- Published on
- Prabhat Kumar Sahu
- I write software and other technical stuff.
A text file that contains all commands, in order, needed to build a given image. A Dockerfile adheres to a specific format and set of instructions which you can find at Dockerfile reference. You can also find common Best Practices on the official website.
FROM python:3.8-alpine RUN mkdir /app ADD . /app WORKDIR /app RUN pip install -r requirements.txt CMD ["python", "app.py"]
With multi-stage builds, you use multiple FROM statements in your Dockerfile. Each FROM instruction can use a different base, and each of them begins a new stage of the build. You can selectively copy artifacts from one stage to another, leaving behind everything you don’t want in the final image.
FROM nginx EXPOSE 8000 COPY /app/build /usr/share/nginx/html
To exclude files not relevant to the build use a dockerignore file.
__pycache__ *.pyc *.pyo *.pyd env pip-log.txt pip-delete-this-directory.txt .coverage.* .cache coverage.xml *.cover *.log .mypy_cache .pytest_cache .hypothesis
An image is an executable package that includes everything needed to run an application - the code, a runtime, libraries, environment variables, and configuration files.
docker build . # Build image docker build -t <image>:<tag> . # Build image with tag
docker images -a # List all images on this machine docker image rm <image> # Remove image from this machine
A container is a runtime instance of an image - what the image becomes in memory when executed.
docker create -t <image> # Create container docker start -i <container> # Start container docker run -it <image> # Create and start container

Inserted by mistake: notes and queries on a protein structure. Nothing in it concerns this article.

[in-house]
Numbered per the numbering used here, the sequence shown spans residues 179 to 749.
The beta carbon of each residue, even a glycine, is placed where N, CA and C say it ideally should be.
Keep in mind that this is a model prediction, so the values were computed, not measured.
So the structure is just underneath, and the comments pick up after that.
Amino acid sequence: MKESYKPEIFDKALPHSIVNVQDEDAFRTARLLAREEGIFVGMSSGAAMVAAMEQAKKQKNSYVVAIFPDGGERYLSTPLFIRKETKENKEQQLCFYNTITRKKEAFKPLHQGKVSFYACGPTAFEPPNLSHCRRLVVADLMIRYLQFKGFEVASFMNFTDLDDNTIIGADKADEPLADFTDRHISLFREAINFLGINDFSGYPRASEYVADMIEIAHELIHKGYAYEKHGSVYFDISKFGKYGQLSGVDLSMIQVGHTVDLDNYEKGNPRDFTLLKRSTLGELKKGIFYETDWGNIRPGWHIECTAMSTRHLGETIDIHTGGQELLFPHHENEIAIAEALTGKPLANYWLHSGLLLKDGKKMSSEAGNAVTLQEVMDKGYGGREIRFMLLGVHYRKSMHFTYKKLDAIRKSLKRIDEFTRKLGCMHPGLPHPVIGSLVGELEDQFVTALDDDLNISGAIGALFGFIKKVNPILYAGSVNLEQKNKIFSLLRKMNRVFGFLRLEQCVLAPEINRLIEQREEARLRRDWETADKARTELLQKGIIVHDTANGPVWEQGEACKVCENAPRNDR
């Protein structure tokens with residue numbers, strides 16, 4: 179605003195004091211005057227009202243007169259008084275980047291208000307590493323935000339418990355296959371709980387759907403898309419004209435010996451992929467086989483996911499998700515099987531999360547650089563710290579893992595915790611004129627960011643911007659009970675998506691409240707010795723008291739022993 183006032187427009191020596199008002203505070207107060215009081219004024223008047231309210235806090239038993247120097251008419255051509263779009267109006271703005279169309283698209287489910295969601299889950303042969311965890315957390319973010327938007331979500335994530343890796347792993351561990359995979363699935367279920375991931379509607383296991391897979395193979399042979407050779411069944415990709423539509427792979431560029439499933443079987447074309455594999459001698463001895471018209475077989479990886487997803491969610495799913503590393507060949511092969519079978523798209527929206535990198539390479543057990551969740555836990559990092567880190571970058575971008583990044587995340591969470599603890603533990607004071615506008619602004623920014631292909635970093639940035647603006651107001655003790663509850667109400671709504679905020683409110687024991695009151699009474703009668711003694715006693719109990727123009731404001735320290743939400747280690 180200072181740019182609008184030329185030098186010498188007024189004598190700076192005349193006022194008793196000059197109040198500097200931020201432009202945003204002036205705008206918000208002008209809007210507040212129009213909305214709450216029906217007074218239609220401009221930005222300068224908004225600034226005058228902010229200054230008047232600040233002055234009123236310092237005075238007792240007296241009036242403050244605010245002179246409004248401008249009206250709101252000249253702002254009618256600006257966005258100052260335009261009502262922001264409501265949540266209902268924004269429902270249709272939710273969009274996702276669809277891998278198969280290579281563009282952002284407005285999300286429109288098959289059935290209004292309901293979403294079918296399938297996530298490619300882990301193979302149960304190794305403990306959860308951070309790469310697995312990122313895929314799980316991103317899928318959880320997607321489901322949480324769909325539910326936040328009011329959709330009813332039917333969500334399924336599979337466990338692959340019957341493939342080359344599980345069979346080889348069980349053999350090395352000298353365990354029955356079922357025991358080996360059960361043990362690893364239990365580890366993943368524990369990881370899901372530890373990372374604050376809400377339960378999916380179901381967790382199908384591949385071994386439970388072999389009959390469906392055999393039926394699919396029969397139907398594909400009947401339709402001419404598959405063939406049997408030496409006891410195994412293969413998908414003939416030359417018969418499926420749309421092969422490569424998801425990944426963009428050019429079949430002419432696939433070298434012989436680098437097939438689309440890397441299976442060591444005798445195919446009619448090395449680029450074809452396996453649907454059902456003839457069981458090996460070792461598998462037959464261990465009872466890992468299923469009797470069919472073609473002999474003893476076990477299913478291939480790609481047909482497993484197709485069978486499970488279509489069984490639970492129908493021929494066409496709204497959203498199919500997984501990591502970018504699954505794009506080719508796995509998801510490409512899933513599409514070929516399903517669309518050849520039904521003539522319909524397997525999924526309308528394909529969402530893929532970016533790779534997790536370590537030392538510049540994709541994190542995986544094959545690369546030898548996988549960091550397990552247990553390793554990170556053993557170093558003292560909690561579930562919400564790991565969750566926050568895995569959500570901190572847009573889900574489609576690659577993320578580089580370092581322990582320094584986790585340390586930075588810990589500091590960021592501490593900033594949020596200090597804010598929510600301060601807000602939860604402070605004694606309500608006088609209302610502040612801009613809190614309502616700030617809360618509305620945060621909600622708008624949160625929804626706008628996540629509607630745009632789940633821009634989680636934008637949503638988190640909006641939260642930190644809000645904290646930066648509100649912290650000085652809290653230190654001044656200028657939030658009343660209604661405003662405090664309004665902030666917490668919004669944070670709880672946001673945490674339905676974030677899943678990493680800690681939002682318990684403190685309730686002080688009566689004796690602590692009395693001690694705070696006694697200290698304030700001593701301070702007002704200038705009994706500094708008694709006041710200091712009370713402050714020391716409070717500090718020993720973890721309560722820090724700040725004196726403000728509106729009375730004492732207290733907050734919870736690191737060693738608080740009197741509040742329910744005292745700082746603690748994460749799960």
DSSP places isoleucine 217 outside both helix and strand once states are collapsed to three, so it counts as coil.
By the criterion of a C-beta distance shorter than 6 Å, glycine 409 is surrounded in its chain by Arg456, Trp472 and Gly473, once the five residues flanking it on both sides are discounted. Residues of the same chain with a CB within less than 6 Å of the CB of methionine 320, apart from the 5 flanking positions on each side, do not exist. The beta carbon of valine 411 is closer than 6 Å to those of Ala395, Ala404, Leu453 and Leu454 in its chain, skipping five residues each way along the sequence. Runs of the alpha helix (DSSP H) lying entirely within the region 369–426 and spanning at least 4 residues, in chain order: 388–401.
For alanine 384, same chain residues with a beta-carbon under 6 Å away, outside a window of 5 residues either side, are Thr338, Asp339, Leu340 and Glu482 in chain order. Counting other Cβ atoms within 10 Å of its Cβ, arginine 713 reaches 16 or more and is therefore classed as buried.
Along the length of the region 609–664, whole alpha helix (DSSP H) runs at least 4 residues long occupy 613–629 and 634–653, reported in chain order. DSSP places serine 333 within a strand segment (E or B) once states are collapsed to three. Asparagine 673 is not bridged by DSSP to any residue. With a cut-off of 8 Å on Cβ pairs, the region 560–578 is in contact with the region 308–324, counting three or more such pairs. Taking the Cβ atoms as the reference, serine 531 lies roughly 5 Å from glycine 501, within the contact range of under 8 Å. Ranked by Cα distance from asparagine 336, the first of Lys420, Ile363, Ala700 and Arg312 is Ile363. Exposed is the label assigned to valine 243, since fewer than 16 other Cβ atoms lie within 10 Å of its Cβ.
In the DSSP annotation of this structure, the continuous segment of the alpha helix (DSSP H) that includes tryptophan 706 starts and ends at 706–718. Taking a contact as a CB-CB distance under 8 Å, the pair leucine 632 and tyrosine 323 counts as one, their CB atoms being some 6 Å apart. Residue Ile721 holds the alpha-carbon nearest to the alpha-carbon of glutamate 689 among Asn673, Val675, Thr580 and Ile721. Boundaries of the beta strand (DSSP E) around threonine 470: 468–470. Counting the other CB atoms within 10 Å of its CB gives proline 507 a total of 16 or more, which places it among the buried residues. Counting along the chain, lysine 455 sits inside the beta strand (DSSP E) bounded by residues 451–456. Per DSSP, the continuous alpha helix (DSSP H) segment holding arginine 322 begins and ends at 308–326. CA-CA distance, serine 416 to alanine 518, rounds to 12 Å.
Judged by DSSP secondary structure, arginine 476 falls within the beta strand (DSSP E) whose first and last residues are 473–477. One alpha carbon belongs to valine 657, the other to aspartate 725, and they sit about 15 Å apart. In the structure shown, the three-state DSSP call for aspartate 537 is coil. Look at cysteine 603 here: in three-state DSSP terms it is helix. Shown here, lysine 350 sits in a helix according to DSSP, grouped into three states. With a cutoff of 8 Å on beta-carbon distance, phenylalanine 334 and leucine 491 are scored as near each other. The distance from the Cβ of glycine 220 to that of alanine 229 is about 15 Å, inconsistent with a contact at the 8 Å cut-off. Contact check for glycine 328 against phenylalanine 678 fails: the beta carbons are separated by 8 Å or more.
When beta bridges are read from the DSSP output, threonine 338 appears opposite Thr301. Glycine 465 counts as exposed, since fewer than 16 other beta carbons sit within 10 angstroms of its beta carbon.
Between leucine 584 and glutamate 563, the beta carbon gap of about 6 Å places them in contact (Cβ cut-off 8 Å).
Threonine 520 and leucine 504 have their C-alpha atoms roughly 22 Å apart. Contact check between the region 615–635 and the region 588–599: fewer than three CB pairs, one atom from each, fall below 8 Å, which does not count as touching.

docker ps -a # Show all running containers docker container ls -a # Show all containers docker stop <container> # Gracefully stop the container docker kill <container> # Force shutdown of the container docker rm <container> # Remove container from this machine
# Remove all unused containers, networks and images docker system prune # Remove all unused volumes docker volume prune # Stop all running containers docker stop $(docker ps -aq) # Delete all stopped containers docker rm $(docker ps -aq)
docker logs <container> docker exec -it <container> <command>
Host volumes/Bind Mounts
Use bind mounts to give your container access to your source code. The physical host file system is mounted into the virtual file system. Changes are propagated back to the Docker host.
docker run -v /home/caffeinedev/work:/var/lib/postgresql/data
The location of anonymous volumes is managed by Docker. Note that it can be difficult to refer to the same volume when it is anonymous. Anonymous volumes have no specific source so when the container is deleted, instruct the Docker Engine daemon to remove them.
docker run -v /var/lib/postgresql/data
Named volumes can be referred to by specific names.
docker run -v data:/var/lib/postgresql/data
For production, use secrets to store sensitive application data used by services, and use configs for non-sensitive data such as configuration files.
docker config create docker secret create
Compose is a tool for defining and running multi-container Docker applications.
docker-compose up # Create and start one or more containers docker-compose up -d # Don't show terminal docker-compose up --build # Force rebuilding docker-compose up --force-recreate # Force recreate docker-compose -f docker-compose.override.yml up docker-compose down docker-compose ps -a
Docker-compose is a whole different topic to talk about. Maybe I will write a different blog post for it.